“The idea that he would be attacked, that he would be bloodied in that way — unacceptable, period. And it’s important that everyone make that clear, even left-wing critics who don’t like him, and things like that.”

Stelter is right, of course — even Ngo’s critics and the media ought to agree this was reprehensible intimidation. Yet, as evinced by an Associated Press story posted by a noted fact-checking service that leans to the left, some couldn’t even agree on what Ngo actually was or whether he was attacked:

Every hedge here is telling.

Ngo has an “author” page at the Quillette website, so his affiliation with the publication isn’t really in doubt. Finding stuff like this out, I would think, is what reporters at the Associated Press are paid for. The fact that the story was posted this way a “fact-checking” website just makes that more ironic.

As for whether he “said he was attacked,” the video makes that pretty clear.

As for whether Ngo was treated at the emergency room or not, this was something that was reported on by publications like the Washington Examiner, which noted that Ngo’s lawyer said Ngo had been admitted to the hospital for an overnight stay.

And, as for whether he’s “hated by antifa” — well, one look at what happened Saturday and it becomes clear that some groups certainly loathe him. Given that he’s reported extensively on antifa and groups affiliated with the ideology seem to be responsible for much of the violence Saturday, I’m curious why this quote of Ngo’s (from his Twitter profile, if you’re wondering) was included.

Politically motivated street violence in Portland isn’t specifically a left- or right-wing phenomenon. This attack — and much of what happened Saturday — seems to be entirely on antifa, and it wouldn’t be the first time we’ve seen groups affiliated with the movement behave this way.

It’s also worth pointing out that the decision not to enforce the law or to give these so-called protesters space to break it seems to be on a city not particularly known for electing a whole lot of conservative politicians.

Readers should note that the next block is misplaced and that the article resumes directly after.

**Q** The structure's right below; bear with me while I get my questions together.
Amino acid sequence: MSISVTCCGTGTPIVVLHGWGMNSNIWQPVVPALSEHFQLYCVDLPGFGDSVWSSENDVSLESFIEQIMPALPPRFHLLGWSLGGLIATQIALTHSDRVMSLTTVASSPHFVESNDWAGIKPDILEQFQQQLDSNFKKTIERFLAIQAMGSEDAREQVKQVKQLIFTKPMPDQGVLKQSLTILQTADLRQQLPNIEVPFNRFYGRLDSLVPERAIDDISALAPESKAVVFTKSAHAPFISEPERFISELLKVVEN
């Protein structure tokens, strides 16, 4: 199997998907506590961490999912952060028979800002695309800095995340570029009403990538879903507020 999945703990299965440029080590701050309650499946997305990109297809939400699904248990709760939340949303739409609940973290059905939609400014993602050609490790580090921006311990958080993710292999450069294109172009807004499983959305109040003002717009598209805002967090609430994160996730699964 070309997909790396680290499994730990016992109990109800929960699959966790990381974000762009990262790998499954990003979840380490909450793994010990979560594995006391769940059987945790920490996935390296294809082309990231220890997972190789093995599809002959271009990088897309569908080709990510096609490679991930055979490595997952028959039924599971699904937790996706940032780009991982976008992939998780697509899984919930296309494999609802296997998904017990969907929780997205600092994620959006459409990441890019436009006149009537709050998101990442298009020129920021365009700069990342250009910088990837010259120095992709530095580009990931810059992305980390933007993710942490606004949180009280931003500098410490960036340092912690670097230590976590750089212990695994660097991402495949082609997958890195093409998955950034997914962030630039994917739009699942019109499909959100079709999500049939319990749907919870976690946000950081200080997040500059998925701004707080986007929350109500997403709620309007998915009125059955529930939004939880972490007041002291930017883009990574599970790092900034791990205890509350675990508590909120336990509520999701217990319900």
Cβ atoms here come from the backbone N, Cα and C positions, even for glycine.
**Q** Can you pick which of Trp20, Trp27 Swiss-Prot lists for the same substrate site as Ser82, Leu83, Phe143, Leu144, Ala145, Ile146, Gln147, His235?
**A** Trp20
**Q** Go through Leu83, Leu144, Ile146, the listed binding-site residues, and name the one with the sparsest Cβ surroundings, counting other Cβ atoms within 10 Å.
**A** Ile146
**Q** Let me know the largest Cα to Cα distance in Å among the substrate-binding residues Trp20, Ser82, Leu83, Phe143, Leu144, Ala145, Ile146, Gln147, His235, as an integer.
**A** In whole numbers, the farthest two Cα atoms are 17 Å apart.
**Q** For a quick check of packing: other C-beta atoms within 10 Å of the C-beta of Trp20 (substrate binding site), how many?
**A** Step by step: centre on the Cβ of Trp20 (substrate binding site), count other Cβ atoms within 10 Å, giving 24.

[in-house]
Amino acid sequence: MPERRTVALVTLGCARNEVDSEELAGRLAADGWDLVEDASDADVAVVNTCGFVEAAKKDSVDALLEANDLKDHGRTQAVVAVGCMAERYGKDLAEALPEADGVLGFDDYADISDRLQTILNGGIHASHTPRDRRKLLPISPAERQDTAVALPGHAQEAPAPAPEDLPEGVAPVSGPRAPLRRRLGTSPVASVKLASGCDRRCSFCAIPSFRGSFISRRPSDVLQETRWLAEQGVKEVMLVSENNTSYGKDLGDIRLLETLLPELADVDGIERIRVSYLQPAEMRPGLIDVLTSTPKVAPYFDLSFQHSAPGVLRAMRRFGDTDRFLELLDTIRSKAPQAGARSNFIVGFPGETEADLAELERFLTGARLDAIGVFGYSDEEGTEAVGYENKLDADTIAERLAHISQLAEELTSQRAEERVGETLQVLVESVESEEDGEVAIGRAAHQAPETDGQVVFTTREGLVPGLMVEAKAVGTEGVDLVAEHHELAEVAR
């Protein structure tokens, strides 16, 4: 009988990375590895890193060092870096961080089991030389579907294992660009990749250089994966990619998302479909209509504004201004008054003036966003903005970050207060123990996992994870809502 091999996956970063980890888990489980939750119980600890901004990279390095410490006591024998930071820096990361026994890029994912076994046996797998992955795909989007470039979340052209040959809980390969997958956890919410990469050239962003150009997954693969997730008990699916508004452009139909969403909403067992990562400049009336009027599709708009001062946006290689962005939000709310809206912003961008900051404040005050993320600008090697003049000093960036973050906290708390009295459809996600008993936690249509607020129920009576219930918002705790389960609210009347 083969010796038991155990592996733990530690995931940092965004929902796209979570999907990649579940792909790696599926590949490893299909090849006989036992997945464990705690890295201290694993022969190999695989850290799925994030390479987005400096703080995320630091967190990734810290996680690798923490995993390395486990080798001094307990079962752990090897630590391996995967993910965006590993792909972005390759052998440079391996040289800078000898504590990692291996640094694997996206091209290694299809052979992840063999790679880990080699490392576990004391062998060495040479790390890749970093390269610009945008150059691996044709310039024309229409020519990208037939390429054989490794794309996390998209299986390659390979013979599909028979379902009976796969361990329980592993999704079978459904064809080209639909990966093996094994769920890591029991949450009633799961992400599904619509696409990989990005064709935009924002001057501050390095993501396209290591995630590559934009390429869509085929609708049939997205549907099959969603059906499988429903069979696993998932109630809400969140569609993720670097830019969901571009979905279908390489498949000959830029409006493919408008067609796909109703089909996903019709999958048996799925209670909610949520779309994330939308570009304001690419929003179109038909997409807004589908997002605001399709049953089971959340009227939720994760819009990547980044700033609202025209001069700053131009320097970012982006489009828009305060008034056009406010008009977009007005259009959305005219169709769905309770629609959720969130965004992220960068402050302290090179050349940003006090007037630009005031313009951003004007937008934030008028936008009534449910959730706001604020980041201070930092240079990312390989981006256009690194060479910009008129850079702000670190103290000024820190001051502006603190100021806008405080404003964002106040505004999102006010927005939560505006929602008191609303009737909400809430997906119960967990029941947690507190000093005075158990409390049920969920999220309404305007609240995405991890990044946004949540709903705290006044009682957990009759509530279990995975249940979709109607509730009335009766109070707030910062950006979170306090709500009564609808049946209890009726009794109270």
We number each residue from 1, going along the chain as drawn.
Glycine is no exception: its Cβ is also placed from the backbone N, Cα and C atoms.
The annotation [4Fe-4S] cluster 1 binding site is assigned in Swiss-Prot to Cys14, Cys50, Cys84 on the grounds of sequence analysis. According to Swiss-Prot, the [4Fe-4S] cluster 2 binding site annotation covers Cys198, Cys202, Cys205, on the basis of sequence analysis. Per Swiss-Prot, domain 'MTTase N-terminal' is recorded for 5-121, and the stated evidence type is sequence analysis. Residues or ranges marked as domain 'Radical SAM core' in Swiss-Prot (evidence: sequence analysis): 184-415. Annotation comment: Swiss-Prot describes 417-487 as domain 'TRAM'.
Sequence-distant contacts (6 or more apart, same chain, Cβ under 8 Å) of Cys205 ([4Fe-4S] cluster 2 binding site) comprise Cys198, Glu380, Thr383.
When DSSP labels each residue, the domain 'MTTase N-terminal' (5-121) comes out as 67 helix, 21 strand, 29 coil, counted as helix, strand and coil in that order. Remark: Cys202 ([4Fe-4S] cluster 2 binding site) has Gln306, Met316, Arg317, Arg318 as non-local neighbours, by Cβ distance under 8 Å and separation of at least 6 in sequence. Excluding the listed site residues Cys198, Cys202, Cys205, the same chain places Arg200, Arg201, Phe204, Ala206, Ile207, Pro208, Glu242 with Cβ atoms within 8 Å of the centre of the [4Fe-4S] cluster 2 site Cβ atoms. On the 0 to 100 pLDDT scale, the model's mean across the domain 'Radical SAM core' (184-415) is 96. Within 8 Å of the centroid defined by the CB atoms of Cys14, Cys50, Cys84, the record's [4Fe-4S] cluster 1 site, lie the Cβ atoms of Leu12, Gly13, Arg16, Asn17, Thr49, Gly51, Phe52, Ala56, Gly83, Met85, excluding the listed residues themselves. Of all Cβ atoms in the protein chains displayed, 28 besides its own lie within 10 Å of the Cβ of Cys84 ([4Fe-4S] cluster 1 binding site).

This is far from the first time where we’ve seen a law enforcement vacuum in Portland. Perhaps with the attention this attack drew, it will be the last.

I wouldn’t get my hopes up, however.

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C. Douglas Golden is a writer who splits his time between the United States and Southeast Asia. Specializing in political commentary and world affairs, he's written for Conservative Tribune and The Western Journal for four years.
C. Douglas Golden is a writer who splits his time between the United States and Southeast Asia. Specializing in political commentary and world affairs, he's written for Conservative Tribune and The Western Journal for four years. Aside from politics, he enjoys spending time with his wife, literature (especially British comic novels and modern Japanese lit), indie rock, coffee, Formula One and football (of both American and world varieties).
Birthplace
Morristown, New Jersey
Education
Catholic University of America
Languages Spoken
English, Spanish
Topics of Expertise
American Politics, World Politics, Culture